Vehicles Sold by Private Parties

When you buy a car from an individual instead of a dealer, where the transaction is often more formal and regulated, you should consider creating a bill of sale.

Ohio Bill of Sale for Boats (Vessel) Requirements

In Ohio, proper boat registration requires proof of ownership, which differs for boats with and without titles. To establish ownership of titled boats, you must possess an Ohio title bearing your name. However, for untitled boats, a bill of sale serves as sufficient proof of ownership.

We advise you to include the following details in your bill of sale to guarantee a smooth registration procedure: 

Mandatory Information

  • Information about parties

  • Boat identification number (BIN) or serial number

  • Make, length, year of vessel

  • Hull material

  • Boat type

  • Propulsion type, engine type, and fuel type (if previously registered in Ohio).

  • Signatures of the parties

Ohio Bill of Sale for Firearms Requirements

Ohio state law does not require guns to be registered, but it is recommended that both the buyer and seller provide proof of purchase in the form of a bill of sale.

Ohio Bill of Sale for Horses Requirements

The purchase of a horse is a significant investment, so we highly recommend preparing a bill of sale for any horse purchase. It should include:

Mandatory Information

  • Names and addresses of both parties

  • The date of the sale

  • Description of the horse (breed, color, markings, and age) 

  • Purchase price

  • Signatures of both the buyer and seller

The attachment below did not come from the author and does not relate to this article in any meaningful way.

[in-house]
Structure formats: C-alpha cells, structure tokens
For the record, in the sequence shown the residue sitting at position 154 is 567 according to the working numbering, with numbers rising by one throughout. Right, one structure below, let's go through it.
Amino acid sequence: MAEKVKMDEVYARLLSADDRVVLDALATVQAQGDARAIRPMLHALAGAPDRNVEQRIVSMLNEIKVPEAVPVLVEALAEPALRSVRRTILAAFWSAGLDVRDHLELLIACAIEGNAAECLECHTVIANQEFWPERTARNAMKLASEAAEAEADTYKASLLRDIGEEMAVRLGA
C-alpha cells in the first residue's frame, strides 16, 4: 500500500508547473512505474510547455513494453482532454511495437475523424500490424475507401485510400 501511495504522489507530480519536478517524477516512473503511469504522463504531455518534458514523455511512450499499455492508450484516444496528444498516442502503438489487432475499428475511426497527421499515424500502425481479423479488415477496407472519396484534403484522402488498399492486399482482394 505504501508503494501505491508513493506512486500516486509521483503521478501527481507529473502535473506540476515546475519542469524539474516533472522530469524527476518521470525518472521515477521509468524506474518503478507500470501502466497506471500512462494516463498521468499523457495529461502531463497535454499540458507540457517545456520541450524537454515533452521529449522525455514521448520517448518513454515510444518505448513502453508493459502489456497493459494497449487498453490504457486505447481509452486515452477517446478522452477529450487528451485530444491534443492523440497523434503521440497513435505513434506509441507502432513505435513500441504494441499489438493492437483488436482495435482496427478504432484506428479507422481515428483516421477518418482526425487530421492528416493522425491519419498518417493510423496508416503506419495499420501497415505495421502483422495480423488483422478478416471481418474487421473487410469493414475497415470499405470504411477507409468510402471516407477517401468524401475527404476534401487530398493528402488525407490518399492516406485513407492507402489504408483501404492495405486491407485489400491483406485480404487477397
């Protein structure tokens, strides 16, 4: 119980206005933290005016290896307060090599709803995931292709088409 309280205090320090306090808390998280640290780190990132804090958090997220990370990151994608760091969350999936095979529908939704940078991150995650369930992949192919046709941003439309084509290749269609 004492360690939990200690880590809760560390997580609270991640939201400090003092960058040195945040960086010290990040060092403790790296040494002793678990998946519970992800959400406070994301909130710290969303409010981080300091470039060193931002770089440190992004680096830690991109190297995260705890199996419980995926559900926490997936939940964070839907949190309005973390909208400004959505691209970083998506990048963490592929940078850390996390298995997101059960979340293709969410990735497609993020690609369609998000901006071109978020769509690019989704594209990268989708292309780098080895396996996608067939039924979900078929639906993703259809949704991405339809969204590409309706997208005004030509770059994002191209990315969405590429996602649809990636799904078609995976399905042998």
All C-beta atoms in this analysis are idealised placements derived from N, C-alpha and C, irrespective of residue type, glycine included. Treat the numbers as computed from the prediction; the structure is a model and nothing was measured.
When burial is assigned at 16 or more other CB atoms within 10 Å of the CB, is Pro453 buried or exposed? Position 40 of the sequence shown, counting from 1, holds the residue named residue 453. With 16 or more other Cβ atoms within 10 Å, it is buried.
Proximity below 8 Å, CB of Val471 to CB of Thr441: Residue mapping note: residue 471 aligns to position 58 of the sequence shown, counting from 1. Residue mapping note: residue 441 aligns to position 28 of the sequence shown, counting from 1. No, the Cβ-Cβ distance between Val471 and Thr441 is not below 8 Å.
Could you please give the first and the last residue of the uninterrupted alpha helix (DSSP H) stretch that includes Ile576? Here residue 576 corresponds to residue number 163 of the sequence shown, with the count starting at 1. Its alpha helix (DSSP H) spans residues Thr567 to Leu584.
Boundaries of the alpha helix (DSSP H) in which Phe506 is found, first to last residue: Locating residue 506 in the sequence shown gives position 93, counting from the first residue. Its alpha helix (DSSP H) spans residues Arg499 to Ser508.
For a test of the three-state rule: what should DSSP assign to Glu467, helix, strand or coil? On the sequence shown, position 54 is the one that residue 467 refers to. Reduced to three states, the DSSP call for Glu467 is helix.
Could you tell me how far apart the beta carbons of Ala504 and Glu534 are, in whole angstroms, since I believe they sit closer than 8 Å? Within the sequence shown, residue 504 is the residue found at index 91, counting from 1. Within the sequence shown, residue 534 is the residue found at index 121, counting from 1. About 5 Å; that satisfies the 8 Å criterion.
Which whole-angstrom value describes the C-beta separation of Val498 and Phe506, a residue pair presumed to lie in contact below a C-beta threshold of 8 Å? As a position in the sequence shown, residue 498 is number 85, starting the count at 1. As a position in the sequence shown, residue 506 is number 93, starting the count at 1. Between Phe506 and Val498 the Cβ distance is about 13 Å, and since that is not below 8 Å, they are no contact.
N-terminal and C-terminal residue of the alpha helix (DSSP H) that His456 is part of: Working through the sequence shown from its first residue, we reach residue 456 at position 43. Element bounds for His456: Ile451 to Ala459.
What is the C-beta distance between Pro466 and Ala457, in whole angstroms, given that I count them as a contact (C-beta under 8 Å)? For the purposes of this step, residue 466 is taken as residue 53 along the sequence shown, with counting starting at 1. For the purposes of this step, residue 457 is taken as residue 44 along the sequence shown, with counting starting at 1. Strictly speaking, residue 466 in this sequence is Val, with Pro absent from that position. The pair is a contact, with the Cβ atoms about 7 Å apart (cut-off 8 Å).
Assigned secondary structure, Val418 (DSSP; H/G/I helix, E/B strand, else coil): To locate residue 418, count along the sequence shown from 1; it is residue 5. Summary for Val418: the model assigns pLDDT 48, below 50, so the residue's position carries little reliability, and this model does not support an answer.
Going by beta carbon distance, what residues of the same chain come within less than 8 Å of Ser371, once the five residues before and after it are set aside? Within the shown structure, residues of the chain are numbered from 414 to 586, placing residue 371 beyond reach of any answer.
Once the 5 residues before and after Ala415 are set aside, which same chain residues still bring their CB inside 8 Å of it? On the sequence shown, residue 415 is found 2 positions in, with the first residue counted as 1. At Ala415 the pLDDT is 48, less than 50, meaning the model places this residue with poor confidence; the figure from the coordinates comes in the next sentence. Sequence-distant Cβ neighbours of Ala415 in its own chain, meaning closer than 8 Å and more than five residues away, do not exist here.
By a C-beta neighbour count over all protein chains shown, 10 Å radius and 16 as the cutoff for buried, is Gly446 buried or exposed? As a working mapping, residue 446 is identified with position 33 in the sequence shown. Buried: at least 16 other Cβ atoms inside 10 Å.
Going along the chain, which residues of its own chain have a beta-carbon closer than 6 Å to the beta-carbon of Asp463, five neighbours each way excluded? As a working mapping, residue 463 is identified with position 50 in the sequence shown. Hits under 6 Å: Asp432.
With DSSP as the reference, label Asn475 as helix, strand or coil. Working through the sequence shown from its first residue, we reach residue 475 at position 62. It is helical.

Ohio Bill of Sale for Trailers (RVs) Requirements

According to Ohio law, all travel trailers and commercial trailers weighing 4000 lbs or more must be titled. 

The bill of sale is not required as a necessary document for title, but it is a good idea for the parties to use the regular bill of sale for their own personal security as well.

Ohio Bill of Sale Other Requirements

The Ohio Department of Natural Resources (DNR) only accepts forms, such as bill of sale, in English.

Additionally, after both parties have signed the bill of sale, they should make multiple copies for safekeeping and one for the DNR’s records. 

This ensures that each party has their own copy, which is essential in case of any future disputes or misunderstandings.

Ohio Bill of Sale Taxes

According to the Ohio Department of Taxation, the responsibility for paying sales tax and title fees when purchasing a vehicle can vary depending on the situation.

When a customer purchases a vehicle from a dealer, the sales tax and title fees are usually included in the purchase price. On the other side, when a person buys a vehicle from a private seller, the buyer is responsible for paying the sales tax.

In the third scenario, when a person sells a vehicle to a dealer, the obligation to pay taxes and fees falls on the dealer.

  • You can always choose to create a handwritten bill of sale; however, for it to be enforceable in court, it must include all the important details about the purchase.

  • Both the buyer and seller should sign the bill of sale, as the signatures serve as evidence that the transaction took place.

  • Creating a bill of sale in Ohio can be easy if you have a template to follow. You can download the appropriate form from our website, which will provide you with the necessary information and structure to make a complete and valid bill of sale.

  • A bill of sale is useful for both parties in a transaction since it provides the buyer with evidence of the sale's final price and the terms of payment, and it gives the seller a record of the products’ identification and condition.